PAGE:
With the Olympics underway, the Red Sox have made their own commitment to turning baseball into athletic performance art. Perhaps inspired by Simone Biles, the team has embraced the sense of possibility created by an elevated degree of difficulty — and shown an ability to stick the landing when doing so.
One day after the team wiped out a four-run, eighth-inning deficit against the Yankees, the Red Sox again spotted their opponent an advantage heading into the final innings Monday night. This time, the Sox trailed the Blue Jays, 4-3, entering the bottom of the eighth. While the gap wasn’t as sizable, the circumstances were hardly promising.
Yet as they have done so often this year, the Red Sox once again treated their deficit as a welcome challenge rather than insurmountable obstacle. Alex Verdugo’s eighth-inning, two-run homer against Toronto reliever Trevor Richards flipped the deficit into a lead and ultimately a 5-4 Red Sox win. The contest was the major league-leading 33rd comeback win of the season for a Sox.
“It’s hard to get 27 outs against us,” said manager Alex Cora. “We know that.”
So, evidently, does Fenway Park. Through seven innings, the venue had been flat, notable chiefly for the oddity of an invading smoky haze (the product of West Coast wildfires). Even starter Nick Pivetta, typically a furnace of intensity, seemed so listless that Cora sought midgame assurance that nothing was wrong.
But with the Sox down a run in the eighth, the crowd of 27,142 both sensed and incited possibility when Hunter Renfroe (2 for 3, double, walk) coaxed a one-out walk against Richards.
“It felt like in that eighth inning, they were a little bit louder, kind of expecting something big,” said Cora. “This is what Fenway Park is, right? We have to make sure it’s a tough place to come here.”
As the volume amplified, Verdugo stepped to the plate. The outfielder had gone 133 plate appearances without going deep since hitting his ninth homer on June 15.
“I had been pressing about that 10th homer,” said Verdugo. “Some of the guys never thought I was going to hit it. I started believing them.”
But finally, on a 3-1 pitch from Richards — a pitcher who’d given lefties fits this year (.150 average) — Verdugo unloaded on a changeup. He stood in the batter’s box to admire the flight of the never-to-return satellite that crashed into the bleachers just above the Sox bullpen and gave his team a 5-4 lead.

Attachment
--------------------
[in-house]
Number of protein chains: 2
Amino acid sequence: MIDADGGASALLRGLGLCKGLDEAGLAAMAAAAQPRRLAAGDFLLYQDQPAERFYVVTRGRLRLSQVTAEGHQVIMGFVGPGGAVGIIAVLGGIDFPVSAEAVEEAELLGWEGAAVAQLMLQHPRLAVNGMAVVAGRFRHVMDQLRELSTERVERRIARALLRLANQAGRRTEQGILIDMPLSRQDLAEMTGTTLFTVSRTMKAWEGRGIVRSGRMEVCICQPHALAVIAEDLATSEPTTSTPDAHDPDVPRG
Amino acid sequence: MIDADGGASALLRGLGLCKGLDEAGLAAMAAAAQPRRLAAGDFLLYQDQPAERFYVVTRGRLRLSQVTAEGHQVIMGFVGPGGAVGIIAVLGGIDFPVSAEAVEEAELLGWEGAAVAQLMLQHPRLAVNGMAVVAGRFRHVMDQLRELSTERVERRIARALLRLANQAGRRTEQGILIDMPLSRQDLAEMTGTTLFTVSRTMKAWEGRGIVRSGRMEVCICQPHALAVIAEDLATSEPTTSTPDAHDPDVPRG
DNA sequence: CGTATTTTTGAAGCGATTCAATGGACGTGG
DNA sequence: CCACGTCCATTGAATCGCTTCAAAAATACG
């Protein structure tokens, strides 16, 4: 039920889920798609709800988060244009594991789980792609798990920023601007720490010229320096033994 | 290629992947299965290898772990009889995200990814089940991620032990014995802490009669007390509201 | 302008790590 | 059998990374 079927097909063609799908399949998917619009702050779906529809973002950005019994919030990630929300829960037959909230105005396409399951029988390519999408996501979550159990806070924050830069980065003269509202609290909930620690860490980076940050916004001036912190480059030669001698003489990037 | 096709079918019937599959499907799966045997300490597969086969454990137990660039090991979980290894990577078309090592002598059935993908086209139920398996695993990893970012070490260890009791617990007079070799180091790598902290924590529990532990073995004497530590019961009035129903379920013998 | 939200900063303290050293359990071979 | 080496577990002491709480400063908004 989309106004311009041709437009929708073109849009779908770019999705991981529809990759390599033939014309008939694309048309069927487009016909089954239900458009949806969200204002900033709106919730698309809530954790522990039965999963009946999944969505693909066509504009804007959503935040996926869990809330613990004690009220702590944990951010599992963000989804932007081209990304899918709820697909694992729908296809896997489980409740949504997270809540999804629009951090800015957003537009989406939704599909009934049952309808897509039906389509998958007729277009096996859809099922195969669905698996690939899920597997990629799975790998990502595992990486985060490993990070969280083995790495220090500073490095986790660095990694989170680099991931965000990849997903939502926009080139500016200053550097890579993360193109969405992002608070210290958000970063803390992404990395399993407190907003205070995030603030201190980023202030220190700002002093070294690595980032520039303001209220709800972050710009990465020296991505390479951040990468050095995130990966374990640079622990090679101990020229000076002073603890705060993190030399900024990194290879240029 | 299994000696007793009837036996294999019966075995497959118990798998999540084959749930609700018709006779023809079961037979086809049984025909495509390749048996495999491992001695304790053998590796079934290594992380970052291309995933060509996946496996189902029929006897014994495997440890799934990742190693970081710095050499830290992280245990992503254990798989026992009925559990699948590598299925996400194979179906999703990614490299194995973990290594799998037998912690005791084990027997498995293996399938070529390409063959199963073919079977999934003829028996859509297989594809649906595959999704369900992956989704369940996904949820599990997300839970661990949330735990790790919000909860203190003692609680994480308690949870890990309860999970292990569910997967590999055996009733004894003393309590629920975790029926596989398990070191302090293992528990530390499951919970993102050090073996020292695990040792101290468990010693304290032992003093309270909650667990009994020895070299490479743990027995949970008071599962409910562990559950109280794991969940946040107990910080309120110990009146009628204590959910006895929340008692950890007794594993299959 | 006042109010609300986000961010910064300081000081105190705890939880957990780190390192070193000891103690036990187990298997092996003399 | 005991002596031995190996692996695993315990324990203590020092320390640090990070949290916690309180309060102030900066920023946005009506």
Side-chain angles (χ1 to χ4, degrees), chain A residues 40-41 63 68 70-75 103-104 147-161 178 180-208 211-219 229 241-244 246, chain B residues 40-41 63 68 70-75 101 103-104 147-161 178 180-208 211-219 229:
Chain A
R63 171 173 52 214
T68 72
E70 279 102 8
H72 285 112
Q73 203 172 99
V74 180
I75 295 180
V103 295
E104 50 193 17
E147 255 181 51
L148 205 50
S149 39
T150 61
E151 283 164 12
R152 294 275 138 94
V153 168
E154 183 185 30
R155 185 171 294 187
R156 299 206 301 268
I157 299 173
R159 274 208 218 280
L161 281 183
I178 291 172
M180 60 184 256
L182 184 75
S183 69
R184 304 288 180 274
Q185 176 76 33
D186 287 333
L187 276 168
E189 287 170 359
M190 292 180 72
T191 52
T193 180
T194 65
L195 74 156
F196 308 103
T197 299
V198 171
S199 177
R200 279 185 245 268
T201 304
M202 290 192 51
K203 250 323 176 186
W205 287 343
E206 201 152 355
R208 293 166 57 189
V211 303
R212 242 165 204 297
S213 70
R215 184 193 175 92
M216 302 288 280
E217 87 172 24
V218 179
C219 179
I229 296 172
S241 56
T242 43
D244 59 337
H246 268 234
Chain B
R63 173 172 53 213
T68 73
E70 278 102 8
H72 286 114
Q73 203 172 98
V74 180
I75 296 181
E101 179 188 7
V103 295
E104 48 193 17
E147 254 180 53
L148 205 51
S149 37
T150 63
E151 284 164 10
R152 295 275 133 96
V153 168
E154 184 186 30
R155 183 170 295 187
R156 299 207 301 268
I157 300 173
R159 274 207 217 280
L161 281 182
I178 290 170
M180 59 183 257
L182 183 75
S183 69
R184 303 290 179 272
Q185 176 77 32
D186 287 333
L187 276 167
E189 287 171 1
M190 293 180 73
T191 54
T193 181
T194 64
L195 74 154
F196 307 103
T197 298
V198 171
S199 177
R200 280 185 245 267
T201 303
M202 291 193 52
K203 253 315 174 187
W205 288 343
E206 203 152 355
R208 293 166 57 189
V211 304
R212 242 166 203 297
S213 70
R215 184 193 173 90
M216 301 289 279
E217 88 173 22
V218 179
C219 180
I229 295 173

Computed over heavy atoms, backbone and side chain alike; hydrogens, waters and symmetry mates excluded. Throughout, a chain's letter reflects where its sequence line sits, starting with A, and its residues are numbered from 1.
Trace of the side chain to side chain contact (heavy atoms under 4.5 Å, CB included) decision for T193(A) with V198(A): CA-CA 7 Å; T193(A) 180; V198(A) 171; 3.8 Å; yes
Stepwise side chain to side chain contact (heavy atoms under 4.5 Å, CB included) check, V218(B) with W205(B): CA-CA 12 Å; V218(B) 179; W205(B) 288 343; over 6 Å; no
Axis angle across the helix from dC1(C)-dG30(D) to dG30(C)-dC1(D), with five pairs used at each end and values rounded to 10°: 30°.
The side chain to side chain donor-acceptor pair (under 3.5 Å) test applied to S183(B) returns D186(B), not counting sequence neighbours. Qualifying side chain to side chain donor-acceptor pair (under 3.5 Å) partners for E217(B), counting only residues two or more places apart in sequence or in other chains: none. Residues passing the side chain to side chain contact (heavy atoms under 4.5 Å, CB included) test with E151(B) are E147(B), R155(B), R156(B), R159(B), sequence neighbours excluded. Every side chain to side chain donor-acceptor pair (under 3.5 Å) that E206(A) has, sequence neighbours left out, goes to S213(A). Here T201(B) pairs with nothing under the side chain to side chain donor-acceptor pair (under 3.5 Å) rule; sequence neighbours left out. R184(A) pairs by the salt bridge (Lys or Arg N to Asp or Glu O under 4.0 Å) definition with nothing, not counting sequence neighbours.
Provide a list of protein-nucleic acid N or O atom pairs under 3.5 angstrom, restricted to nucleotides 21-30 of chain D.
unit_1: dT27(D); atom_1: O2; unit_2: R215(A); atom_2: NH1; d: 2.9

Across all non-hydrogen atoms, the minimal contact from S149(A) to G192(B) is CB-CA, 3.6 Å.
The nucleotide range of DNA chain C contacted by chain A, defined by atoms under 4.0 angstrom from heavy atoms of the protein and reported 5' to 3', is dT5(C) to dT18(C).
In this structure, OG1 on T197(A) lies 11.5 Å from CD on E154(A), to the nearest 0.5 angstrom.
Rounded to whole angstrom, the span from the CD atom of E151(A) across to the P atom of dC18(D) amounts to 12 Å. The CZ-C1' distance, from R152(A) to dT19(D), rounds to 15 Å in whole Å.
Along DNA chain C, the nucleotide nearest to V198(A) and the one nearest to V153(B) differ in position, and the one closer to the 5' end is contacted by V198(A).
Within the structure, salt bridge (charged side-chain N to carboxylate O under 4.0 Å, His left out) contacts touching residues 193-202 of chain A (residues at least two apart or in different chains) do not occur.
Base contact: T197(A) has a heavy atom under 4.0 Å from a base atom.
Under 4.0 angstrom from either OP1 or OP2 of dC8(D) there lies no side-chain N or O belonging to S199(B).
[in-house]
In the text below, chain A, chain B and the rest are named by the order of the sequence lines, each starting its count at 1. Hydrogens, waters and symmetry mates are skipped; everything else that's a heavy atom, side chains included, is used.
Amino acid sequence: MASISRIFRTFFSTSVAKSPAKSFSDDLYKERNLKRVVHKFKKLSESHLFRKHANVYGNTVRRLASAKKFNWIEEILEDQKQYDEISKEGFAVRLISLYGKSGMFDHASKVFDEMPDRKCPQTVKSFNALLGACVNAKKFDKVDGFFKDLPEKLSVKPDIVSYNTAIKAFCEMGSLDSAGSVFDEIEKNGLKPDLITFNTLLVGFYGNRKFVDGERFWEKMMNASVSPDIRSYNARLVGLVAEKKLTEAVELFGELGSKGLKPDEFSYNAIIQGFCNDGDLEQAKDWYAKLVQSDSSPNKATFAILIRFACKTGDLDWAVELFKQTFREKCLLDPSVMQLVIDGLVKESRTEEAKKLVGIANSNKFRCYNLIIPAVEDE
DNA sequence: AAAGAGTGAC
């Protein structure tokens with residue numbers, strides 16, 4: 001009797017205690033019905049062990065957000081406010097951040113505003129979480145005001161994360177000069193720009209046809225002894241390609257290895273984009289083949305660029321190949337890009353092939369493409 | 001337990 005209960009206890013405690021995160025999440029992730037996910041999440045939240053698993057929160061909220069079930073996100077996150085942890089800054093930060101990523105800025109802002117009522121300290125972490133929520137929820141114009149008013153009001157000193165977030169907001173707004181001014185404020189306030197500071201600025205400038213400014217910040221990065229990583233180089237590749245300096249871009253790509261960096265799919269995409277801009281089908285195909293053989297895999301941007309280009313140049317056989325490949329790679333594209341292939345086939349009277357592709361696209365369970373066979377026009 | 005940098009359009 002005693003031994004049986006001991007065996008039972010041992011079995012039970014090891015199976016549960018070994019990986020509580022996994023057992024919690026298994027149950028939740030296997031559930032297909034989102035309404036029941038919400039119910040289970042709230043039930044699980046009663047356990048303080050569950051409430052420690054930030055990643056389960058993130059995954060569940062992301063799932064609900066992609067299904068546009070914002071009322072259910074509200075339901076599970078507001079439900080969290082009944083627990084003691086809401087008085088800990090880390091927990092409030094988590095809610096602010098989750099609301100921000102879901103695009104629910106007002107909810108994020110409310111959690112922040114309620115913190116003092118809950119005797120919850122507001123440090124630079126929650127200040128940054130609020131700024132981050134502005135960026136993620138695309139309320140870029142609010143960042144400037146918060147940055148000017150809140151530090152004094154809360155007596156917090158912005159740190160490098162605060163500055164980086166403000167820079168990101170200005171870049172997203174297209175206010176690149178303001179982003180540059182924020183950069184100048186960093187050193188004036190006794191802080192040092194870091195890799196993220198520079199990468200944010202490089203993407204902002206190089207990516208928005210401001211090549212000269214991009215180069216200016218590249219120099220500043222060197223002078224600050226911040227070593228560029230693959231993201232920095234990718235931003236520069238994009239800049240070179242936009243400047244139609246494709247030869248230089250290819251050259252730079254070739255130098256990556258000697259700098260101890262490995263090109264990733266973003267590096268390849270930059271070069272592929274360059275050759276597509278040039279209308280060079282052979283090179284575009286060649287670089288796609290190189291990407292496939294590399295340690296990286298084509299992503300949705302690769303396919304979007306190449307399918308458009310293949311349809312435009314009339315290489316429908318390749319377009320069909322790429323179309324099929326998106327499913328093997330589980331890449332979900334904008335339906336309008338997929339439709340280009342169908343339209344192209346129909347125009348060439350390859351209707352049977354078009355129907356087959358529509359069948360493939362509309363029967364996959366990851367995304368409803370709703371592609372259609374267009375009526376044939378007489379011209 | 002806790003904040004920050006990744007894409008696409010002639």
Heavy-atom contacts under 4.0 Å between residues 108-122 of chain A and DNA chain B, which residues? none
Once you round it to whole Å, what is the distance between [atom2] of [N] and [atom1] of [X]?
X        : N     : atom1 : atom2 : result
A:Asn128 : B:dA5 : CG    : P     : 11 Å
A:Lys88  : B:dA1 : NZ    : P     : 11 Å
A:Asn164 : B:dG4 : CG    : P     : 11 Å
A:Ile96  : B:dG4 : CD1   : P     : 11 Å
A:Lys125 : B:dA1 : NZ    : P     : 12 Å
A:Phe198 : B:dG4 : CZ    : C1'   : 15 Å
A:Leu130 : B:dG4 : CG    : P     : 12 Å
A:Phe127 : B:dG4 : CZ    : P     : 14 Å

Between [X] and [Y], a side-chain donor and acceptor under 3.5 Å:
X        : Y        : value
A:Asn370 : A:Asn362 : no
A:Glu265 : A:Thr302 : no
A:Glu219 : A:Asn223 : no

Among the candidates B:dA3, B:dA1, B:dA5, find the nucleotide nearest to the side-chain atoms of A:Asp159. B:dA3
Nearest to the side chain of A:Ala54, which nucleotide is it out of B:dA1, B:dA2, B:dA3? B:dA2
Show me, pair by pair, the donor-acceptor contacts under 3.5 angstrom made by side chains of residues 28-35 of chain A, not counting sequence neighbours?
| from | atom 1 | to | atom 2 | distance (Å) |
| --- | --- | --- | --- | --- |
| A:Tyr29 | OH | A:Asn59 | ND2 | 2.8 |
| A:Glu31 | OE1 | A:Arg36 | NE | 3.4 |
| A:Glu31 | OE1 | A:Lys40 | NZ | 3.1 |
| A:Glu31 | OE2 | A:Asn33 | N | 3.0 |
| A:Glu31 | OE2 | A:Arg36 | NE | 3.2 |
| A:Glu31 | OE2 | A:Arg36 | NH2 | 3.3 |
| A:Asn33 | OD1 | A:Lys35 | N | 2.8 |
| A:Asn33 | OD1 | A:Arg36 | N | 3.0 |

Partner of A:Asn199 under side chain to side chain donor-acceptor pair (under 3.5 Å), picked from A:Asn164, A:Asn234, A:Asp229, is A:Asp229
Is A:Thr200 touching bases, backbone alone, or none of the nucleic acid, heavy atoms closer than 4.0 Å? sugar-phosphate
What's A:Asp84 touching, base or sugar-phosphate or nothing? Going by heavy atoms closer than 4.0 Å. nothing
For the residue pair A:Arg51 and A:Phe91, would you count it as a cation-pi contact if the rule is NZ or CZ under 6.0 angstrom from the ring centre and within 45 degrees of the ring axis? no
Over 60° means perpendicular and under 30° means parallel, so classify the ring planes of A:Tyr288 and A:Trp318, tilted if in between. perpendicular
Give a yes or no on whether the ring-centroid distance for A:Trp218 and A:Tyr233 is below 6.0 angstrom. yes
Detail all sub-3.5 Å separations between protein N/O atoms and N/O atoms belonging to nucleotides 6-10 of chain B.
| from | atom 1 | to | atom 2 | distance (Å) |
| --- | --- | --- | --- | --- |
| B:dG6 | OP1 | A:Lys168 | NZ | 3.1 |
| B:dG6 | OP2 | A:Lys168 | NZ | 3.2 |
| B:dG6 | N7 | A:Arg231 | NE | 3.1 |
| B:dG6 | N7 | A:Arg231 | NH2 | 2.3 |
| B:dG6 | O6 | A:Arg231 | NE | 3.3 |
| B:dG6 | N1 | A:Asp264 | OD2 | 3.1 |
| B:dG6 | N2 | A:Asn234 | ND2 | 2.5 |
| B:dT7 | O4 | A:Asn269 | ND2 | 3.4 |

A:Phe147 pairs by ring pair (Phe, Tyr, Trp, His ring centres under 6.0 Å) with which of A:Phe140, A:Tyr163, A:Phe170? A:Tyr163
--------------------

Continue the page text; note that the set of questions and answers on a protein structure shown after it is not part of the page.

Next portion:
“I said to the guys, if that wasn’t going out, that would have been one of the most embarrassing moments ever,” said Verdugo. “If that didn’t go, I would have been devastated. I would have crawled into a little corner and stayed there.”
That proved unnecessary. Verdugo rounded the bases to put his team ahead, and soon was in a victory line after a tidy ninth inning from Matt Barnes (22nd save) — concluded when the Sox closer retired close friend and former UConn teammate George Springer on a pop-up — closed the win.
That dramatic end represented a departure from a preceding slog. The Sox struck first against Toronto starter Thomas Hatch — summoned from Triple A for his first big league appearance of 2021 — though missed a chance to blow open the game early.
Four straight Sox reached against Hatch to open the second inning. That translated to two runs — one on a Verdugo single, another on a Michael Chavis groundout — but the 2-0 advantage still felt like a missed opportunity.
The Blue Jays engaged in an interesting act of symmetry in the top of the third, as their first four batters reached against Pivetta, with three singles and a walk producing a pair of runs on RBI singles by Vlad Guerrero Jr. and Marcus Semien. But like Hatch, Pivetta — despite substandard command and stuff — navigated his way out of further harm.
“Today I had my ‘C’ stuff,” admitted Pivetta. “I just really had to lock it in.”
His third-inning escape was rewarded in the bottom of the inning, when Rafael Devers pulverized a Hatch fastball, ripping a solo homer to right for his 27th homer. The roundtripper allowed the Red Sox to retake the lead, 3-2, and Devers to reclaim the MLB lead in runs batted in, which he and Guerrero had shared for the preceding few minutes.
But on a night where Pivetta never seemed in rhythm on the mound, the lead did not hold. With a runner on second and one out in the top of the fifth, Cora approached the mound with his starter at 84 pitches and Phillips Valdez ready.
Such a visit almost always portends a move to the bullpen. But this time, Cora, after checking on his starter’s well-being, left Pivetta in the game. Pivetta retired Marcus Semien on a flyout, but left an 89-mile-per-hour changeup on the plate to Bo Bichette with two outs. The shortstop’s ferocious swing met the ball squarely, sending a two-run rocket into the Monster Seats — Bichette’s 18th homer of the season — for a 4-3 Toronto lead.
“I definitely want that pitch back,” said Pivetta.
The sentiment has become familiar for the righty against Toronto. He allowed four runs in 4 2/3 innings and has yielded 19 runs (18 earned) in 21 1/3 innings over his four starts against the Jays this season, good for a 7.59 ERA. He has a 3.75 ERA in 16 starts against the rest of the league.
The Sox, meanwhile, were stifled by Hatch and the Toronto bullpen from the fourth inning through the seventh. But Valdez (2 1/3 shutout frames) and Adam Ottavino (scoreless eighth) quieted the Jays after the fifth, positioning the Sox for their second eighth-inning come-from-behind win in as many days. The victory pushed the Sox to a season-high 23 games over .500, and left them 1 ½ games clear of the idle Rays for the division lead.
“We’re never out of the game,” said Pivetta. “We’re all picking each other up at every given time during the season, and I think that’s what’s helped us really be a strong core, and is putting us in a really good position to do some special things this year.”